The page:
Make your own free website on Tripod.com

Colorado Quarterly Magazine 

"Rewriting the Myths, Redefining the Realities"

 

Home ] Text Version ] Disability Life ] Search ] Contact Us ]

True Grit

by Jesse Shinagle

 She has skied some of the toughest mountains in the world against some of the toughest competitors. Along with triumph and success, she has also known disappointment and adversity during her career. Two years ago she was ranked first heading into the Nationals competition in the Upright Aerials category when, on the last day of training, she dislocated her hip on a nasty spill that left her unable to compete and retain her ranking.

Lauren Rainen is team manager of the University of Colorado freestyle ski team. She is one of their top skiers, attaining a level of success that allows her to compete in several events including Moguls, Dual Moguls, Aerials, Upright Aerials, Big Air and the Halfpipe.

It proved to be a long road back for Lauren after suffering her hip injury. “For the next year I couldn’t even visualize jumping because I would always visualize what had happened. Since that time it has been a great challenge for me to get myself to even go off the jumps. It’s been a process for me to get back to where I was, though it has been very rewarding.” Rewarding, because Lauren went back to Nationals the next year and summoned the courage to do what she once thought was the impossible—compete in Nationals and take first place in the Upright Aerials, becoming the 2002 National Champion. “It is getting through the tough times that push you further,” Lauren said.

The strength and determination that Lauren displays on the mountains are the strength and determination that her sister must show everyday. Lauren’s sister, Piper Rainen, cannot go skiing with Lauren. Nor can she enjoy any of the other outdoor activities that Lauren so revels in. Born three months premature, Piper had to start showing courage and determination from the day she was born.

After spending her first three months in a hospital incubator, she was diagnosed with Basal Cell Syndrome, a genetic condition that can involve multiple defects and lead to multiple problems. Most notably there can be no exposure to the sun. If exposed, Piper can develop skin cancer that leaves lesions on her body that would have to be removed through painful surgery. “Her whole life is compromised by her conditions. She is not able to live the life of an average person. She can’t play outside with the other kids. She has to have protective UV covering on the windows of any rooms she is in. The list goes on. My sister also, often times, has a hard time relating with her peers. They don’t always understand her and her differences,” said Lauren.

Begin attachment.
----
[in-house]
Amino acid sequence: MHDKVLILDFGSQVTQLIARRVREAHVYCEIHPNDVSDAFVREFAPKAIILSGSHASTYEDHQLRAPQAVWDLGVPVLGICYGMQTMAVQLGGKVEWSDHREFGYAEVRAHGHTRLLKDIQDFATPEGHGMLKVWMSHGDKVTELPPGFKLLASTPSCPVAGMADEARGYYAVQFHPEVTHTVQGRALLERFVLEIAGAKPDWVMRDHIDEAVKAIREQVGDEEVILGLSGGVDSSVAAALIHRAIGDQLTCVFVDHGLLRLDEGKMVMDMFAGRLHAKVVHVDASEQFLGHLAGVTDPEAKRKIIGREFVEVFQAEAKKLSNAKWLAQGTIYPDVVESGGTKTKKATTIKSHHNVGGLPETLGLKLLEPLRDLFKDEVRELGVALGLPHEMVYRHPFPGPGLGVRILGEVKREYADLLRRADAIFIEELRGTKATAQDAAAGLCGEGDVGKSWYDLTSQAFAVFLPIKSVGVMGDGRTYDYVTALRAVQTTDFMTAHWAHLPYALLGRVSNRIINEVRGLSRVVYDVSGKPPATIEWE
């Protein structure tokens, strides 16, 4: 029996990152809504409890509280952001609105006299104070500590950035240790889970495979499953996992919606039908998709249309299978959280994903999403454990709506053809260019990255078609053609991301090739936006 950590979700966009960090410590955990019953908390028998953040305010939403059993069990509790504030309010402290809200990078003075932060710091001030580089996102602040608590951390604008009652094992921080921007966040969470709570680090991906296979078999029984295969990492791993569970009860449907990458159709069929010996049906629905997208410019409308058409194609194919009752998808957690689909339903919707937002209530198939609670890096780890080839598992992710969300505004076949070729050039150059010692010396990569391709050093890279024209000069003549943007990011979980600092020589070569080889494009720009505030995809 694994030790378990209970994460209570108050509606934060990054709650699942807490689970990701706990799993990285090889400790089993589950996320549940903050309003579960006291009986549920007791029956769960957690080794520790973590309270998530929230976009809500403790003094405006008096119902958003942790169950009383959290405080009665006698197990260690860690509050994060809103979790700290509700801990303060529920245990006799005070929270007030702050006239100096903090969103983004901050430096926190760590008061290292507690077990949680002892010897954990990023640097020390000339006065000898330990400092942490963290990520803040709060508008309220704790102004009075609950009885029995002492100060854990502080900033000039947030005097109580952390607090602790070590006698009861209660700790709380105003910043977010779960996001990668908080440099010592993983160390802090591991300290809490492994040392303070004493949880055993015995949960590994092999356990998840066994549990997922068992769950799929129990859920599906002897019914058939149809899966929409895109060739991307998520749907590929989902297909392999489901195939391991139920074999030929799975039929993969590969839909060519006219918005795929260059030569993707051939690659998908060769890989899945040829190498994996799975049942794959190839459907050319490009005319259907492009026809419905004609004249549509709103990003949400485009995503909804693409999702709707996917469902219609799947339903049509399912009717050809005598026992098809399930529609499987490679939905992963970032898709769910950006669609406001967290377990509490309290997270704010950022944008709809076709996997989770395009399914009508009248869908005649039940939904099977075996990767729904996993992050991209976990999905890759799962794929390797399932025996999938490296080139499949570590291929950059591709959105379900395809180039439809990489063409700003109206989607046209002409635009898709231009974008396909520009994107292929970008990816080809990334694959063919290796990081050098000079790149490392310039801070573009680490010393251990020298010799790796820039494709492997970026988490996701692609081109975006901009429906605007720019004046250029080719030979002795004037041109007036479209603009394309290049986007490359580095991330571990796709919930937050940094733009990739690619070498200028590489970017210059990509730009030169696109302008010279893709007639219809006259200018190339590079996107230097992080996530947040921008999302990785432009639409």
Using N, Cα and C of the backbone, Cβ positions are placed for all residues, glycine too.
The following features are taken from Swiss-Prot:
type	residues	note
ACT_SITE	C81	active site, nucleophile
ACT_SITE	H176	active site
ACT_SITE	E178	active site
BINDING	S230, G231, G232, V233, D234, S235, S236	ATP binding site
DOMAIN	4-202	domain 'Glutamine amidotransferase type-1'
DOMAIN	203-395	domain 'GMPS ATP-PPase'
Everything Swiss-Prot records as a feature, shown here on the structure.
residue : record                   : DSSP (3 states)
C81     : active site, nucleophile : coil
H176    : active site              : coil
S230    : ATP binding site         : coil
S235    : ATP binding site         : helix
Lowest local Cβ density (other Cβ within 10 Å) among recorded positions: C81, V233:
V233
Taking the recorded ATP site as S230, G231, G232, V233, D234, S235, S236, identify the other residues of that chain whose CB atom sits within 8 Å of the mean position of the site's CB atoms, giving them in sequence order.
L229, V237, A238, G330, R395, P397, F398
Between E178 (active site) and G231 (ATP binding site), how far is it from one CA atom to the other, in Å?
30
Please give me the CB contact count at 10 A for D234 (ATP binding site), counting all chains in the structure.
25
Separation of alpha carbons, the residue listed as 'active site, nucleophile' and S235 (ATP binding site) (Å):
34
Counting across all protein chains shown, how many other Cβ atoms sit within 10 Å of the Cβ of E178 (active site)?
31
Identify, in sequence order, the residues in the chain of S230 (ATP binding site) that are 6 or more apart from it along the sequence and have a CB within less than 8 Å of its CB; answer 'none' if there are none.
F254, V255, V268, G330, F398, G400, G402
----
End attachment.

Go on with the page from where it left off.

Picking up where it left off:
Despite all the hardship and difficulties that Piper has had to endure, she has managed to triumph and show the same indomitable spirit that her sister has shown while skiing for the University of Colorado. This spirit has left her with a list of accomplishments all her own. Limitations not withstanding, Piper went through standard public schooling and graduated with an “A” average. She now is continuing to further her education by attending college near Kansas City, an accomplishment not lost on Lauren. “My sister fought the odds and made it through. She really showed me the possibilities. She showed me what we are all really capable of, and that I really can do it. She has given me this value that I use everyday in life and in skiing.”

In May Lauren will graduate from the University of Colorado. She plans to spend most of next year concentrating on skiing. This summer she plans on spending time with Piper.

Although Lauren credits Piper with giving her the willpower, strength, and determination that has guided her to success in her skiing and throughout her life, she says that this is not the greatest lesson Piper has taught her. Rather, it has been a lesson in love. “My sister is an incredible person with an ability to love beyond anyone I know. She has given me insight into a world that I don’t know if I would have seen otherwise. She gave me a capacity to care for others so deeply. She also gave me a new appreciation for what I have. I think one of the most important things my sister made me see is that, although she is different, she is still amazing and beautiful in every way. We are all a little different in our own ways, and she made me realize how amazing and beautiful we all are.”

Top of page

Copyright 2002 A&H Publishing Corporation